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Brendon J. Wilson

The key to feeling better here is to realize these people don't own their homes. I mean, if they stop making payments I'm pretty sure the bank will turn up and say, "Uh, yeah, we're gonna need the house back."

Buying a house is about the only thing I can justify for borrowing money. I mean, these people borrowing against their home equity to buy TVs? Home stereos? Give me a break people - show some restraint!

I think I remember reading something in the Millionaire Mind talking about the Scots. Apparently, Americans of Scottish descent make up a disproportionate percentage of the millionaires in the States. It's not because they make more - they're actually well below the average of the other millionaires. It's not because they didn't buy stuff - they had all the toys, they just happened to have paid less. The author attributes the anomaly to the characterstics of Scottish parenting. Children learned about money early, tended to be by-and-large financially independent at 18, freeing their parents to save even more money in their peak earning years, which eventually got passed to the children.

Which raises an interesting question: what legacy will those people who have been binging on debt leave their children? And what havoc will that wreak on the economy in the future?

Adam

Thanks, Brendon. Your post did make me feel a lot better...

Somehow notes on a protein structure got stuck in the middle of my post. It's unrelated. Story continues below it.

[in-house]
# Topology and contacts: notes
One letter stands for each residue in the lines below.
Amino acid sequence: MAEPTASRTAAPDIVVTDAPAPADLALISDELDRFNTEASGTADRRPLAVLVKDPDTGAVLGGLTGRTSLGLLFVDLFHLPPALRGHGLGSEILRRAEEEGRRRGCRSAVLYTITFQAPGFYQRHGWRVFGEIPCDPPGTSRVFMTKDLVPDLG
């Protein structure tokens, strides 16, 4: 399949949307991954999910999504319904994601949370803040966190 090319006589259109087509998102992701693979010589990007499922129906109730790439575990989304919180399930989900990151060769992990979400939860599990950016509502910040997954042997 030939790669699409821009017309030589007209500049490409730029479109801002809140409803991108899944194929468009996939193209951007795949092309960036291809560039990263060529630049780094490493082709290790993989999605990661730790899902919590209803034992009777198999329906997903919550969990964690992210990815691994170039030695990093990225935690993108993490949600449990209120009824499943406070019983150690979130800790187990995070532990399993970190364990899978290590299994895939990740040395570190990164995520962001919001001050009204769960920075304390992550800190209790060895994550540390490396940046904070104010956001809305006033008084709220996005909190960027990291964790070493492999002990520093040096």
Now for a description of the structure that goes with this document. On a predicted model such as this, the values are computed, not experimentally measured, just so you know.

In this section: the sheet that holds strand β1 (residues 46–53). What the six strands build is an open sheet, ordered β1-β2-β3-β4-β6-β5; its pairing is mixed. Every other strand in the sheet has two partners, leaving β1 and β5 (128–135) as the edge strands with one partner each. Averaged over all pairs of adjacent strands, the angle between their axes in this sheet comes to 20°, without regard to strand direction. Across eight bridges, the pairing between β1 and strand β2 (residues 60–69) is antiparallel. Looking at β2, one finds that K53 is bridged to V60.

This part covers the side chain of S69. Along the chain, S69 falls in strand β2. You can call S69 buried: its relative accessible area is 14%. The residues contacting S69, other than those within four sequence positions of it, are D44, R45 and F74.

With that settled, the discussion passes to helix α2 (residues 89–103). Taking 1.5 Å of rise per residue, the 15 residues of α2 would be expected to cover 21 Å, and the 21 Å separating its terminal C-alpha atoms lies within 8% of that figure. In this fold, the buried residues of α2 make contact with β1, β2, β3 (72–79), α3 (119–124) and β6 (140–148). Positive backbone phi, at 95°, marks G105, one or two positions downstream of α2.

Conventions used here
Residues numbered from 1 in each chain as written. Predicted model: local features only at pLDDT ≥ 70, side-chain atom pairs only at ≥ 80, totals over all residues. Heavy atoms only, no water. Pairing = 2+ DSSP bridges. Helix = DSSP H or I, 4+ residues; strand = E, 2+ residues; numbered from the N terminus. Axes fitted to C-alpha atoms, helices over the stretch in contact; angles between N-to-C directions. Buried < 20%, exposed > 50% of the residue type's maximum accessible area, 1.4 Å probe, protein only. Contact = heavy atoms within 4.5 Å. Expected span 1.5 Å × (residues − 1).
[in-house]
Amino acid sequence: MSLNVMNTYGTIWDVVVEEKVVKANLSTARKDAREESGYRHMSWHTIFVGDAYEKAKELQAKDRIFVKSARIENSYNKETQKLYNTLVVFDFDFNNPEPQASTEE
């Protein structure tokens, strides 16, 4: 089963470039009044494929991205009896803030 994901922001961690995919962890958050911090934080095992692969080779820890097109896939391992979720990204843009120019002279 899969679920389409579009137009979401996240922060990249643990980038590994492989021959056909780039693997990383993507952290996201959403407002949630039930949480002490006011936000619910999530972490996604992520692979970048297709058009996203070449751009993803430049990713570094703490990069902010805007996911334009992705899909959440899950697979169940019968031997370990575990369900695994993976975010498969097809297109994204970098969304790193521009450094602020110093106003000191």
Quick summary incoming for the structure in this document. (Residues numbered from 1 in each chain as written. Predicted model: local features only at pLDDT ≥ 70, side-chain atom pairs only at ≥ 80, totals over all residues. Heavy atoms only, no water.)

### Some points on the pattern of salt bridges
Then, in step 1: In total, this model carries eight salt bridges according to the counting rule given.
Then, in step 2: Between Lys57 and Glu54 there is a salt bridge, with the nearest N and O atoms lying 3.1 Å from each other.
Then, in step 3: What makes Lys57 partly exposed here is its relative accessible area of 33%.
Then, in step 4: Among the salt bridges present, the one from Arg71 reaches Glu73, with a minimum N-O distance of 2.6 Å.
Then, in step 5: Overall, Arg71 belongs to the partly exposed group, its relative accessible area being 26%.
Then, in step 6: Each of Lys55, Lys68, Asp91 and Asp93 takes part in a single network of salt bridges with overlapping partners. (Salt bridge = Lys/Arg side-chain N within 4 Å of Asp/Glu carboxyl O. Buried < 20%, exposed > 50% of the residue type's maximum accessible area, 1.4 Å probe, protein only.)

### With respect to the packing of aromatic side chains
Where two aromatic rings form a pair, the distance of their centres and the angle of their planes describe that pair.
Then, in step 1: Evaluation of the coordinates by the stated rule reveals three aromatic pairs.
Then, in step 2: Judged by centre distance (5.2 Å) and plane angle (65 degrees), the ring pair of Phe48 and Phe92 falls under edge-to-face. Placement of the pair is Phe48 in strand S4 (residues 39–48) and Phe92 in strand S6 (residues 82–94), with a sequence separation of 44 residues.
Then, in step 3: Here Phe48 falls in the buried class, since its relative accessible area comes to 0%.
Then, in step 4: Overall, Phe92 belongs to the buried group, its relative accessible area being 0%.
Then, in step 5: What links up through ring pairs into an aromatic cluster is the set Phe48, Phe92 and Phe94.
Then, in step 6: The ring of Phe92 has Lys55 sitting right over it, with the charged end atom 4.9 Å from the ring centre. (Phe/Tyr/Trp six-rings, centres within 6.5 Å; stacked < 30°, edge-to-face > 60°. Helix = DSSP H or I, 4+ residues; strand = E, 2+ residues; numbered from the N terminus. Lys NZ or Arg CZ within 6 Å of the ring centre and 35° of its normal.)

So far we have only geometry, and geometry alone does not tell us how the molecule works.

As far as the legacy debt-bingers leave on their children, all I can say is: don't join that club.

Adam

From the business section of the SJ Mercury News, 10/10/2004, is an article by William Sluis of the Chicago Tribune titled "House Broke":

The odds are against even some financially reponsible home buyers affording their dream home. Real estate costs are outstripping what families are earning, making homes increasingly less affordable...

"Over the long haul, people have to be able to pay their mortgages," said economist Peter Morici, a business professor at the University of Maryland. "House prices can't exceed increases in incomes for very long."

In the four years ended June 30, 2004, median home prices rose 33 percent, while per-capita personal income climbed just 10.4 percent, he said...

"The question is whether such a condition can persist or whether the squeeze on incomes will cause real estate prices in California to peak and head lower," said Sung Won Sohn, of Wells Fargo in Minneapolis.

The article cites a Fannie Mae study that said in the Chicago area 11 percent of home owners are "severely cost-burdened", meaning they pay 50 percent or more of their monthly pretax income for housing.

I would imagine that in California, the number of households that are "severely cost-burdened" is even higher. More Californians are house-poor, finding themselves unable to afford more than the basic necessities -- and as a result, more people are turning to credit cards and borrowing against their inflated home prices as a solution.

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